• SneakemailSneakemail is a free service that you can use to generate disposable email addresses which are aliases of your real email address, which is kept hidden. You can enter these Sneakemail addresses into web forms or use them to contact e-businesses without the risk of your real address being abused or bought and sold.
  • Broadband Antispam is a commercial product to filter spam.
  • GFI MailEssentials for Exchange/SMTP is server-based commercial product.
  • Spam Outpost is a commercial product to detect and eliminate spam.
  • Spam Inspector is a commercial product that bounces email back to spammers as if your mailbox is invalid.
  • Bluebottle offers a fee-based service to accept mail only from known senders.
  • SpamAssassin is a Unix-based filtering tool that uses Vipul's Razor database of spam (commonly know as SpamNet). A Spamnix is available as a commercial Eudora (Windows) plugin.
  • Cloudmark Spamnet also offers the same SpamNet technology with Outlook Express under Windows.

Don't support scams and spammers!
  • Don't send in money for a product you are not sure of, or for what might be an anti-spam scam.
  • TSW's $15 filter kills junk e-mail on your server. However, if you buy their filter, you are supporting their spamming software and list extraction software. Watch out for wolves in sheep's clothing!

What to Filter - Lists of Spammers

  • Most e-mail spam is generated automatically by software which eliminates the TO: header field. You might want to filter e-mail that does not have your e-mail address in at least one of the header fields TO:, CC:, BCC:. However, keep in mind that many legitimate listservers that you subscribe to might also trim the TO: field.
  • Bad mail from is a database of user maintained spam source addresses.
  • Network Abuse Clearinghouse maintains a list of abuse domains, and can automatically remail messages about spam you receive.
  • Here's a rather old list of domain names used by Cyberpromo.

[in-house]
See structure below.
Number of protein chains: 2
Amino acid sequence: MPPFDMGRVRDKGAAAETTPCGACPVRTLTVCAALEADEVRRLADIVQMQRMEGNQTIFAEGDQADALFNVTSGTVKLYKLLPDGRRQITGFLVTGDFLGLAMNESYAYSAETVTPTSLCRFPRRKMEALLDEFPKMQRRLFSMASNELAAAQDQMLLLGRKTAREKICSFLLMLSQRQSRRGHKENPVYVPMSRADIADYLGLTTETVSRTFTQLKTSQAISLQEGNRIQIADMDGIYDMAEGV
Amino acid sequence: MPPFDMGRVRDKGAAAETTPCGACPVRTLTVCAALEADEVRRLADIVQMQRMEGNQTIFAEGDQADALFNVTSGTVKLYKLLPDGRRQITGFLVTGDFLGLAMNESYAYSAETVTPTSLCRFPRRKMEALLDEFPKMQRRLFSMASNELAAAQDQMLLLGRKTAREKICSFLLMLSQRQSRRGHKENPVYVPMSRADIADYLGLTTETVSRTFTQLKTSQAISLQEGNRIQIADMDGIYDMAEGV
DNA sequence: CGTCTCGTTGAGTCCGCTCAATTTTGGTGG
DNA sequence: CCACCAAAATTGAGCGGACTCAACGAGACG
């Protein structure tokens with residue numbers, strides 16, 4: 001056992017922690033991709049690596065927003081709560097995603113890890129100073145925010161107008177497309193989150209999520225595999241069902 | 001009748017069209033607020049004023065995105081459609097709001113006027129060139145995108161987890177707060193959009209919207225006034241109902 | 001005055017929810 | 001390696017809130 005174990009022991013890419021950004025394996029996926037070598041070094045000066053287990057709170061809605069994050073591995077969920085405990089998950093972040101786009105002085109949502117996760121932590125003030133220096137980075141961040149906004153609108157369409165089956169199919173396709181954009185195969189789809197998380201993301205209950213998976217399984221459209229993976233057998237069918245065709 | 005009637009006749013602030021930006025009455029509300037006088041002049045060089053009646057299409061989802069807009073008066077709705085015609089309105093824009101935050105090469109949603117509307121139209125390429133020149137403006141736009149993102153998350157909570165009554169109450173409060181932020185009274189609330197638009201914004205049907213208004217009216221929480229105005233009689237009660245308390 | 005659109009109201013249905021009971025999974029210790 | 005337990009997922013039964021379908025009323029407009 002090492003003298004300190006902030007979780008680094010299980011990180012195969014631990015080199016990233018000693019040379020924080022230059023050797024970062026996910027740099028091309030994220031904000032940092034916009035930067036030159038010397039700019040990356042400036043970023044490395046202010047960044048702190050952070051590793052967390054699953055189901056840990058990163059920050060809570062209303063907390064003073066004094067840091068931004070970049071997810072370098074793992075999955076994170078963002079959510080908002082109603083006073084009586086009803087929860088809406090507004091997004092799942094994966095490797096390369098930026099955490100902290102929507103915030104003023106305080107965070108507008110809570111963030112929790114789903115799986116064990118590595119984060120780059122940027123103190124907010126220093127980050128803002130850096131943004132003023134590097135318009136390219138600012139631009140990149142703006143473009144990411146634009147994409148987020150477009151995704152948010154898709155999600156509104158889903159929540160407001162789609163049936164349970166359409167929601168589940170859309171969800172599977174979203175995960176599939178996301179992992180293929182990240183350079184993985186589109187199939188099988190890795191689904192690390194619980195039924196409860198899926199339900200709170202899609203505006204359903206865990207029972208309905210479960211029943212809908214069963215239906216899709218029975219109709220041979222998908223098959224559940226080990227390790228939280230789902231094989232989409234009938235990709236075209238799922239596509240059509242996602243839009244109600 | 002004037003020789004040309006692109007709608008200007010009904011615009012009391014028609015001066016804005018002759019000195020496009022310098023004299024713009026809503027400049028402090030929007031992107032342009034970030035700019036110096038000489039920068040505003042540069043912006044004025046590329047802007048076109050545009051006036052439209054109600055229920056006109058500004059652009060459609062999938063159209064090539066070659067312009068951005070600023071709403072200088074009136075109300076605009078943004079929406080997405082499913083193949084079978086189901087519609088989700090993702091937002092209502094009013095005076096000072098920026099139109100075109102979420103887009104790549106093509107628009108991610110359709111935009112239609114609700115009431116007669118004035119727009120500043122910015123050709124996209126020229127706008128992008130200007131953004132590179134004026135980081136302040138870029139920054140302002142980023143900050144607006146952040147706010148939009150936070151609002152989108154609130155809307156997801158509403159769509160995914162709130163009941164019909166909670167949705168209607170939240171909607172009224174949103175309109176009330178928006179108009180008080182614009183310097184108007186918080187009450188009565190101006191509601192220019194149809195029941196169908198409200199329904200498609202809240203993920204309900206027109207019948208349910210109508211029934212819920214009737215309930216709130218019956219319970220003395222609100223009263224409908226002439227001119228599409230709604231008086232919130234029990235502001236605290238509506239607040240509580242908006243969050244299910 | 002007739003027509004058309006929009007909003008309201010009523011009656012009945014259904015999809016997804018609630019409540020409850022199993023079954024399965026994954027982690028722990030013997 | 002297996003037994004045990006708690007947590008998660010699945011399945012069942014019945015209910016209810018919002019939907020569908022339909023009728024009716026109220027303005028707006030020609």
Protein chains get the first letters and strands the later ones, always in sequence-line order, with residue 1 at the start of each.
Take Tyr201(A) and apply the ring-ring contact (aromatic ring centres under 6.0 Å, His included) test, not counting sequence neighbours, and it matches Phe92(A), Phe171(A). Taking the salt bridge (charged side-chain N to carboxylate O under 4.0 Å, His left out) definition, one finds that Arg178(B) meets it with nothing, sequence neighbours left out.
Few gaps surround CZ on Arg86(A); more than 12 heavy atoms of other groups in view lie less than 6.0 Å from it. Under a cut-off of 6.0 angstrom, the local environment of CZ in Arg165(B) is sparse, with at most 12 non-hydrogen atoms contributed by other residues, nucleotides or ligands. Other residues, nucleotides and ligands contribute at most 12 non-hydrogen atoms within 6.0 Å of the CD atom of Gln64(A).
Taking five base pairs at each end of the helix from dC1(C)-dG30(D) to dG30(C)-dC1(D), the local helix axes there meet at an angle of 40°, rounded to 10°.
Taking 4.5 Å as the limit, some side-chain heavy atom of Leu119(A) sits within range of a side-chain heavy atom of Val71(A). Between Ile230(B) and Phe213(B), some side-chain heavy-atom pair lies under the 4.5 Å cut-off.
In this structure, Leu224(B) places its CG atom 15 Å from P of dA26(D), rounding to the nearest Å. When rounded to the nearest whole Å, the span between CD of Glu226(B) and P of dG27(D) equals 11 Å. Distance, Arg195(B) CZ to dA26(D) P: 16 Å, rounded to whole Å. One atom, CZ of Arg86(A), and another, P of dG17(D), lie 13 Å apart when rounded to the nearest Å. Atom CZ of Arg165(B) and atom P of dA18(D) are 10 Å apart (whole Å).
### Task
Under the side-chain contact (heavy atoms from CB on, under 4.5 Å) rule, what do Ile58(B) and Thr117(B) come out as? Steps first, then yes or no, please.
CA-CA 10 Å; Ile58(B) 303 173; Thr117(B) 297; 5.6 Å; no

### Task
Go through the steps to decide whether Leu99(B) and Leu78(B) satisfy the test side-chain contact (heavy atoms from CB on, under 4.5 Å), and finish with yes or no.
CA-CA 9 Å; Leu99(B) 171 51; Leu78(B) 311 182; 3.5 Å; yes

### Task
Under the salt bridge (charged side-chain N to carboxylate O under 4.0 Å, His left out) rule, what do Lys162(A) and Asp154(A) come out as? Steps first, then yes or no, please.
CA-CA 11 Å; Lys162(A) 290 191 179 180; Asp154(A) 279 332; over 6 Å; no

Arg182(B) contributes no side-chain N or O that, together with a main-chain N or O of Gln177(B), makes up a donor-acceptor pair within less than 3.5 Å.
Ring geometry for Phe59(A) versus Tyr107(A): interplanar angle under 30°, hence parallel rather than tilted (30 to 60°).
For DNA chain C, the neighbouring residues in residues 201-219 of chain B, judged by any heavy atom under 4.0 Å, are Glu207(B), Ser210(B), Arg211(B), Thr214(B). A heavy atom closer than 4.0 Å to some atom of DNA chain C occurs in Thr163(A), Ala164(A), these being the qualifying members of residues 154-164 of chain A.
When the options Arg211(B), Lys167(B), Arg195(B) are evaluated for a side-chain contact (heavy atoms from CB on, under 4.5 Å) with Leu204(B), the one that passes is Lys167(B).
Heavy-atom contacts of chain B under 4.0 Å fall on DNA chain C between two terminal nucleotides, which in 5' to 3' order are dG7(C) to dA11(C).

• See the Blacklist of Internet Advertisers.
  • Check out Web-D's list of spammers!

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The Can-Spam act was passed in 2003. ("Controlling the Assault of Non-Solicited Pornography And Marketing Act of 2003"). Here is information and text of the act. The act covers commercial email, but does not seem to address non-profit and personal email. Here's how to comply with the act. The act is not perfect - from Ed Foster's gripe log:
"It's clear that only the Direct Marketing Association, Microsoft, AOL and a handful of others had any input into the law, because it's carefully crafted to allow the big marketers free reign. And the loopholes it provides them will be more than big enough to provide aid and comfort for the smallest and sleaziest of spammers as well."
"Not only does the Can-Spam Act take an opt-out approach, meaning that each spammer can e-mail you until you ask them to stop, but it allows the spammer to dictate what steps you must take to get off their list. The recipient must opt-out "in a manner specified in the message" that can include replying to an opt-out email address or "other Internet-based mechanism." The spammer can also force the recipient to opt-out via "a list or menu from which the recipient may choose the specific types of commercial electronic mail messages the recipient wants to receive or does not want to receive from the sender" just as along as opting out from all e-mail from that sender is one of the choices."
According to PC World News Radio on 3/30/98, EarthLink Nails Spamford for $2 Million. Under a consent decree, Cyber Promotions agreed to pay EarthLink $2 million, stop sending spammming EarthLink's 450,000 members. If Wallace or Cyber Promotions breaks the agreement, Spamford Wallace will be held personally liable for $1 million.
Elsop's Anti-Spam page also follows current anti-spam legislation. The Spam Laws website follows U.S. and international legislation.
Read the Houston Chronicle article.

Support CAUCE

CAUCE CAUCE is an organization dedicated to expanding the US "junk fax" law to cover e-mail spamming. Join their effort! See their FAQ and list of recent news articles. Key points are ONCE, which stand for: